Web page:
[leps-talk] Credible sources

Stanley A. Gorodenski stan_gorodenski at asualumni.org
Thu Oct 9 14:23:14 EDT 2003

Although more research is needed, possibly along the lines Patrick 
suggested, I think until then Paul's time series could provide some 
valuable general information concerning the alleged demise of the 
Monarch migrations, but only if, as Patrick suggested, we can know more 
about the data making up the time series.

For example, random measurement error in the dependent variable will not 
result in a biased estimate. The dependent variable in this case could 
be a measurement of the roosting area by a technician. Differences 
between technicians will increase variability and affect significance 
test but it will still give unbiased and consistent estimates. If this 
was the only factor affecting the reliability of the data, conceptually 
one could develop a model that might explain whether the current drop in 
migration numbers, although comparable in magnitude to the numbers at 
the start of the series, is human caused. Or could the migratory numbers 
at the beginning and end of the series be the result of a common cause, 
such as climate, solar variation (a wild one), geomagnetic activity 
(causing some adults to lose their way during migration, another wild 
one), etc.

On the other hand, measurement error in the independent variable will 
lead to inconsistent and biased parameter estimates. The independent 
variable in this case would be the technique, such as a photograph of a 
roosting area, used as a measure of the  number of adults. However, 
there will be measurement area if the numbers of adults represented by 
this area is a complex function of other variables, such as thinning, 
new growth, etc., that is not taken into account. Also, changes in 
measurement techniques (such as outright sample counting instead of a 
photograph) could result in measurement area. For example, if the large 
migratory population in the middle of Paul's time series is the result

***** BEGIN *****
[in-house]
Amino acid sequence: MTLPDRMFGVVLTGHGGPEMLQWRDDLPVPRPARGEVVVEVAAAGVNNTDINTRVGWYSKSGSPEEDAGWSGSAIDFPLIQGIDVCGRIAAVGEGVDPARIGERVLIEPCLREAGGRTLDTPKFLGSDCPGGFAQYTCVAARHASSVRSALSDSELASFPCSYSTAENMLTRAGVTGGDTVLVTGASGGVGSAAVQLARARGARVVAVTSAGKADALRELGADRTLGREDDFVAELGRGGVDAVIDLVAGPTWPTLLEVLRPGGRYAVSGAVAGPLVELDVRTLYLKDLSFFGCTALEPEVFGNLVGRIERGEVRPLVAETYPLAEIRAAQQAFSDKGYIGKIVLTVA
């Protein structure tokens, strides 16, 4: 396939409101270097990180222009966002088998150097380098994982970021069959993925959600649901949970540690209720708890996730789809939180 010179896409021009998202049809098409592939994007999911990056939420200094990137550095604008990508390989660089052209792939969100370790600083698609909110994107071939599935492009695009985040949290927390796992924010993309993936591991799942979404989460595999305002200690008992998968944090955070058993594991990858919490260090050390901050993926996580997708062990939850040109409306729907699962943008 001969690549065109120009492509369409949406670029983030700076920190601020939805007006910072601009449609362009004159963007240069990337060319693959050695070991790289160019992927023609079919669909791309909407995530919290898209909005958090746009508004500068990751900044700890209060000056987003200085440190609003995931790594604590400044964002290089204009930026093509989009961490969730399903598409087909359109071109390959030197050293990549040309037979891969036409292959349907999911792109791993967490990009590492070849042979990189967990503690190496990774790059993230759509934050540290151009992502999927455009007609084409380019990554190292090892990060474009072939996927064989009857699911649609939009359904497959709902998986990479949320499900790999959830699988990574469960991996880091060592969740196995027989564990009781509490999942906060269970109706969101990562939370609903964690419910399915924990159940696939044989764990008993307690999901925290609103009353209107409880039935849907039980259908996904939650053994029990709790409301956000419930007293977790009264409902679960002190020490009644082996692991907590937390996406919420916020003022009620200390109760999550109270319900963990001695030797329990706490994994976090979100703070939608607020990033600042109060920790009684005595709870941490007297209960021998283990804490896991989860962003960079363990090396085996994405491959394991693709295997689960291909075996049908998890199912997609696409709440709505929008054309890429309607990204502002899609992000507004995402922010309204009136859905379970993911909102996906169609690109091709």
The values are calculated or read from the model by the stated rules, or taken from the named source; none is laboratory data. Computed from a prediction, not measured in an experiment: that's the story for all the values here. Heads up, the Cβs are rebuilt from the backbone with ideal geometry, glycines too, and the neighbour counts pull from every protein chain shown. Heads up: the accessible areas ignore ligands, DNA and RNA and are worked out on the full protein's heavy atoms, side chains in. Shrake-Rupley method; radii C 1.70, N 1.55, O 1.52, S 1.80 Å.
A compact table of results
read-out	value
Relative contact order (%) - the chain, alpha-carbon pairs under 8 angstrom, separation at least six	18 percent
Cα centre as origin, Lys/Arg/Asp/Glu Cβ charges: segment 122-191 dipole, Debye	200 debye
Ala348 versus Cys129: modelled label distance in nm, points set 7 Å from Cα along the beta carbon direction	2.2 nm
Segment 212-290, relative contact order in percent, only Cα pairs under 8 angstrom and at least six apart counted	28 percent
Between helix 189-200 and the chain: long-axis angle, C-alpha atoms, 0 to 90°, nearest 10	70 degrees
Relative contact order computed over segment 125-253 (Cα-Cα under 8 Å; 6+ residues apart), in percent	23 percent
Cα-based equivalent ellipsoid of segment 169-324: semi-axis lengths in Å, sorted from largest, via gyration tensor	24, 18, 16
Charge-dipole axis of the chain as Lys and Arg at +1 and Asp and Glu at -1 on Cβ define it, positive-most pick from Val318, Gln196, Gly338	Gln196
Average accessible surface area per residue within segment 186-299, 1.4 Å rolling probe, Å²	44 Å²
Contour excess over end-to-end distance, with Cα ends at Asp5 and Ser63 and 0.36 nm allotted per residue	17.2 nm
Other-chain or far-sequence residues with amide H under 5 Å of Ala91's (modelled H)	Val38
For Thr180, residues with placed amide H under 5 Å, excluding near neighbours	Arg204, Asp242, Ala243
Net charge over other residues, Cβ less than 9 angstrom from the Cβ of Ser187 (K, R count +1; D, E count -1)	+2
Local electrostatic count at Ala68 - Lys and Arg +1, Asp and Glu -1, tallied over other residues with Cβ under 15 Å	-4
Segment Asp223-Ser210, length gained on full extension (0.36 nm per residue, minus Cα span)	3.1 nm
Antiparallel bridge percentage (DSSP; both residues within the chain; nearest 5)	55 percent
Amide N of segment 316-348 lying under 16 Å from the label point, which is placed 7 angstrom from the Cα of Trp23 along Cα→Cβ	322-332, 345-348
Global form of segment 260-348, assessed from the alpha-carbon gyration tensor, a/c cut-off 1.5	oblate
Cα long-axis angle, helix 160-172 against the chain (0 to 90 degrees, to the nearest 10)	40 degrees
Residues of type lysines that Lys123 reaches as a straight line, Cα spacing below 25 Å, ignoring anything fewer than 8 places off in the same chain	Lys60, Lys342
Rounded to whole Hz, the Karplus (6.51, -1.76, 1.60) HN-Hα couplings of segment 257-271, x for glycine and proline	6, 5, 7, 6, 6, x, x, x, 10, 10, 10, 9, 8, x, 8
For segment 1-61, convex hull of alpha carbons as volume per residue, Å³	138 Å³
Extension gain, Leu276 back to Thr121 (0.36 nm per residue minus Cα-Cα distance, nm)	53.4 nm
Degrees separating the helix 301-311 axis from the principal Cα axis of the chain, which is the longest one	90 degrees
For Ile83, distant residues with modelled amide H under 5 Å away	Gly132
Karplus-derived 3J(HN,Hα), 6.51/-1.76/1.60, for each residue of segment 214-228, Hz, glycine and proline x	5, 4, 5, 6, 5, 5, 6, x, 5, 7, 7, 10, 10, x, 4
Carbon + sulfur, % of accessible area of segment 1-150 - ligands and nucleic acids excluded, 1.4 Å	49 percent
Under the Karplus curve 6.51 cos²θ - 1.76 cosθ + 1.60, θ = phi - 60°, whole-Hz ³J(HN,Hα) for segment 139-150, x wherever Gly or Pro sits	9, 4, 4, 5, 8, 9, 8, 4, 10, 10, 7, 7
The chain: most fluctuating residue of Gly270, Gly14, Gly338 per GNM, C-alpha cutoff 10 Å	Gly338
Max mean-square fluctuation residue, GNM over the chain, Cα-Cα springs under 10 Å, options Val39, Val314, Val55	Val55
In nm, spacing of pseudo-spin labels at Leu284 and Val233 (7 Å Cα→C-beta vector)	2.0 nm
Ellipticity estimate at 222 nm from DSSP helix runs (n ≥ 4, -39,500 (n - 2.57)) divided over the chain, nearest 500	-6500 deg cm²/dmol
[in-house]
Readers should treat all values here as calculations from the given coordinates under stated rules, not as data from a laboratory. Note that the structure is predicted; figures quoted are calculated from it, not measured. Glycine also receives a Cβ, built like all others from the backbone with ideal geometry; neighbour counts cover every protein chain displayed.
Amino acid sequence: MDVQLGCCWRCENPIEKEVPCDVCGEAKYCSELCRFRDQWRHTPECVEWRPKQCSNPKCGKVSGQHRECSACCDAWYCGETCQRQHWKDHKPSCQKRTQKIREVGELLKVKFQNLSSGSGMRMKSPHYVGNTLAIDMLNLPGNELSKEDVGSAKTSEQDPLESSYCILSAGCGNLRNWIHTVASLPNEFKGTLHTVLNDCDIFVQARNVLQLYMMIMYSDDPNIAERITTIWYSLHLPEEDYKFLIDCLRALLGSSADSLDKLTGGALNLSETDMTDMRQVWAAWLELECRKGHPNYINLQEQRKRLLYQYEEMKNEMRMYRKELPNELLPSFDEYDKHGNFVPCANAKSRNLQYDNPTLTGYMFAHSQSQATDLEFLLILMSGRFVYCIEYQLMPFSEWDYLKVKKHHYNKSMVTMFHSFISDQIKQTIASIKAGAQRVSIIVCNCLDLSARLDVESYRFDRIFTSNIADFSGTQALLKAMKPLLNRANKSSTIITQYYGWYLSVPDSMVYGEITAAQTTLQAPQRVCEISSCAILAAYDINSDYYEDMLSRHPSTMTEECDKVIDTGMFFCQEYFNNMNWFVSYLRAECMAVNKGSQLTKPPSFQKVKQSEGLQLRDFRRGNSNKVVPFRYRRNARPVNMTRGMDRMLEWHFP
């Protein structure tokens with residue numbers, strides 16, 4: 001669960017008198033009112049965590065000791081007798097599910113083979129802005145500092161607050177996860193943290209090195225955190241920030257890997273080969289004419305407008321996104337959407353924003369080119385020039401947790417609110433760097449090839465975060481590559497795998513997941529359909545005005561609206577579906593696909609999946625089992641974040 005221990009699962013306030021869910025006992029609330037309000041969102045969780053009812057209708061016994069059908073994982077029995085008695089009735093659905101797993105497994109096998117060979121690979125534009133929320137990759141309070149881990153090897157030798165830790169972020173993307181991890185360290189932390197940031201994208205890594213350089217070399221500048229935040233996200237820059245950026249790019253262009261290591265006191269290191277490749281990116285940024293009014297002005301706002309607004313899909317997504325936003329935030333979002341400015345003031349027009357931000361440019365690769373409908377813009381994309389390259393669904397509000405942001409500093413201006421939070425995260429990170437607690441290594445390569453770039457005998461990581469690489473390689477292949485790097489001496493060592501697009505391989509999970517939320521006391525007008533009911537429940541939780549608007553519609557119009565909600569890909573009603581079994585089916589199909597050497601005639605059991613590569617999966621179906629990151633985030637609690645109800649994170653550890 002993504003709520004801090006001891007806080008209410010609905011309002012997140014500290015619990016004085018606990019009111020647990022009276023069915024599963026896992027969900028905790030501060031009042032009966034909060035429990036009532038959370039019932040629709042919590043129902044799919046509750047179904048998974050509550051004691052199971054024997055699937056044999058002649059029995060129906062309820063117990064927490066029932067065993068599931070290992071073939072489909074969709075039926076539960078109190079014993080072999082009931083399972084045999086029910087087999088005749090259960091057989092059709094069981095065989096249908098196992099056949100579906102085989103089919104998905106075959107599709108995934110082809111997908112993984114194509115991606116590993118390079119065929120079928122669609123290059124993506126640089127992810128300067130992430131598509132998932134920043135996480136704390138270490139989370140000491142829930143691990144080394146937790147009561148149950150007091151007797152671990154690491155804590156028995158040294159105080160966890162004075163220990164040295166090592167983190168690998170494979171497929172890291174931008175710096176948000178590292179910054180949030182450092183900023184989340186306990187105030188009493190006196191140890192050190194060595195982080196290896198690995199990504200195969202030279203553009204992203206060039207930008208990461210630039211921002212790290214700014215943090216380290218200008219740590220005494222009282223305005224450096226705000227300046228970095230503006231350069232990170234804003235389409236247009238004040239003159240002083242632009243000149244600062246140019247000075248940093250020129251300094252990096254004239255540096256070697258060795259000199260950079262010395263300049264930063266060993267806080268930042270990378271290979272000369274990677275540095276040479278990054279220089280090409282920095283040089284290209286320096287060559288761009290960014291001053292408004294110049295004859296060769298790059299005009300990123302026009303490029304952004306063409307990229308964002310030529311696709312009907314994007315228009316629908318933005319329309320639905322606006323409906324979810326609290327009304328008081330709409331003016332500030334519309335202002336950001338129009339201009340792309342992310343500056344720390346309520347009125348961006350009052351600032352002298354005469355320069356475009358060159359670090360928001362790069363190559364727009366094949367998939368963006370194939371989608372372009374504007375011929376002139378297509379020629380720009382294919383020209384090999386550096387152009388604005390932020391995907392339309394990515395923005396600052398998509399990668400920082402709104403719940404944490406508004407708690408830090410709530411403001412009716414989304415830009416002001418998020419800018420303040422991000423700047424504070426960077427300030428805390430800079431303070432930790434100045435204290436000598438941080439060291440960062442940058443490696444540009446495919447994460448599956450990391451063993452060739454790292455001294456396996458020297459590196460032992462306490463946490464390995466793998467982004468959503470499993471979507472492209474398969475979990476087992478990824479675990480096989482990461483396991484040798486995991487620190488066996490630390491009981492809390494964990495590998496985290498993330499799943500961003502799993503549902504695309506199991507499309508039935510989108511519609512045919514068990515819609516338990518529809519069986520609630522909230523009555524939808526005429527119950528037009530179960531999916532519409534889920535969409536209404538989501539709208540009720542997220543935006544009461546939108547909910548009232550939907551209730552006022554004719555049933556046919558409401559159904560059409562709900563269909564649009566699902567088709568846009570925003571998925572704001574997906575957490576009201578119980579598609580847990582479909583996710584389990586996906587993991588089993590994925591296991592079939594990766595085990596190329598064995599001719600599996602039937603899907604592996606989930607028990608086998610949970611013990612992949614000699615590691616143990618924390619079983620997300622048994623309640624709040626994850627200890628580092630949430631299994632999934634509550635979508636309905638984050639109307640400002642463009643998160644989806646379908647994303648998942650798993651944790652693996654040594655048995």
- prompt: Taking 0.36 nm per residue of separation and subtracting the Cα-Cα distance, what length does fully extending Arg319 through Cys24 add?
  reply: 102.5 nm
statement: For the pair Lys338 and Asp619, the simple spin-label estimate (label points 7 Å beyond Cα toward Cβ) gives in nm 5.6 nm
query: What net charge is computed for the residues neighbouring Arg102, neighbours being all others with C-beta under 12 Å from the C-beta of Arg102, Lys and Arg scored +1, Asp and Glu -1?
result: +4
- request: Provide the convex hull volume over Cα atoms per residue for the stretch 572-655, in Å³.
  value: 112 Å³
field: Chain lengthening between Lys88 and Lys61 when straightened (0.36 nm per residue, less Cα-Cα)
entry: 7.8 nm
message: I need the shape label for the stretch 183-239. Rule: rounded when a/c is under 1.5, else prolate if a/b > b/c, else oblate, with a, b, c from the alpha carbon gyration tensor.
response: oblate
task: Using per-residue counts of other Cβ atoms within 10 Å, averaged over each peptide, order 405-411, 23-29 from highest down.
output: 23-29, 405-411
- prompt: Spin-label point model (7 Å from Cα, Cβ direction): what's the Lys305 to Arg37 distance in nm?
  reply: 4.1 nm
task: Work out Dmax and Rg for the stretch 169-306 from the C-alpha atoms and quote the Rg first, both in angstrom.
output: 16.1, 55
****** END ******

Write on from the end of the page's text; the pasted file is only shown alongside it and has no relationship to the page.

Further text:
of researchers having learned how to best measure migration size during 
the beginning of the time period, then the more recent drop in numbers 
(although comparable to the magnitude level at the beginning of the 
series) would be something to be even more concerned about.

Patrick Foley wrote:

> I especially appreciate the population time series. But for Monarch's 
> sake and all our sakes, can't we get a source and methodology for this 
> data and some idea of the uncertainty in this data?
> If we are to get a clearer and more honest picture of the Monarch's 
> status and prospects, we need a _quantitative_ description of the 
> changes in critical winter habitat. Your pictures are suggestive, but 
> we all know how easy it is to pick out samples for our own convenience.
> We need to ask 1) how does Monarch winter survivorship depend on the 
> amounts of land in old growth, secondary growth, clear cut and milpas? 
> And 2)how much of the winter sites fall into these (or other land use 
> categories) and how will the land use distribution change in the 
> future? Question 2 is fairly easy to answer (given a little money to 
> pay scientists to measure it, and given a little stability in land use 
> planning).
> Question 1 is much harder. Your population time series would help. Is 
> there any historical data about land use distribution during this 
> time? And is it possible to predict survivorship from such data? These 
> are not rhetorical questions nor am I putting you on the spot. The 
> entire Monarch community (including the black sheep), should be 
> addressing these questions. Are they? Chip or others, please tell?


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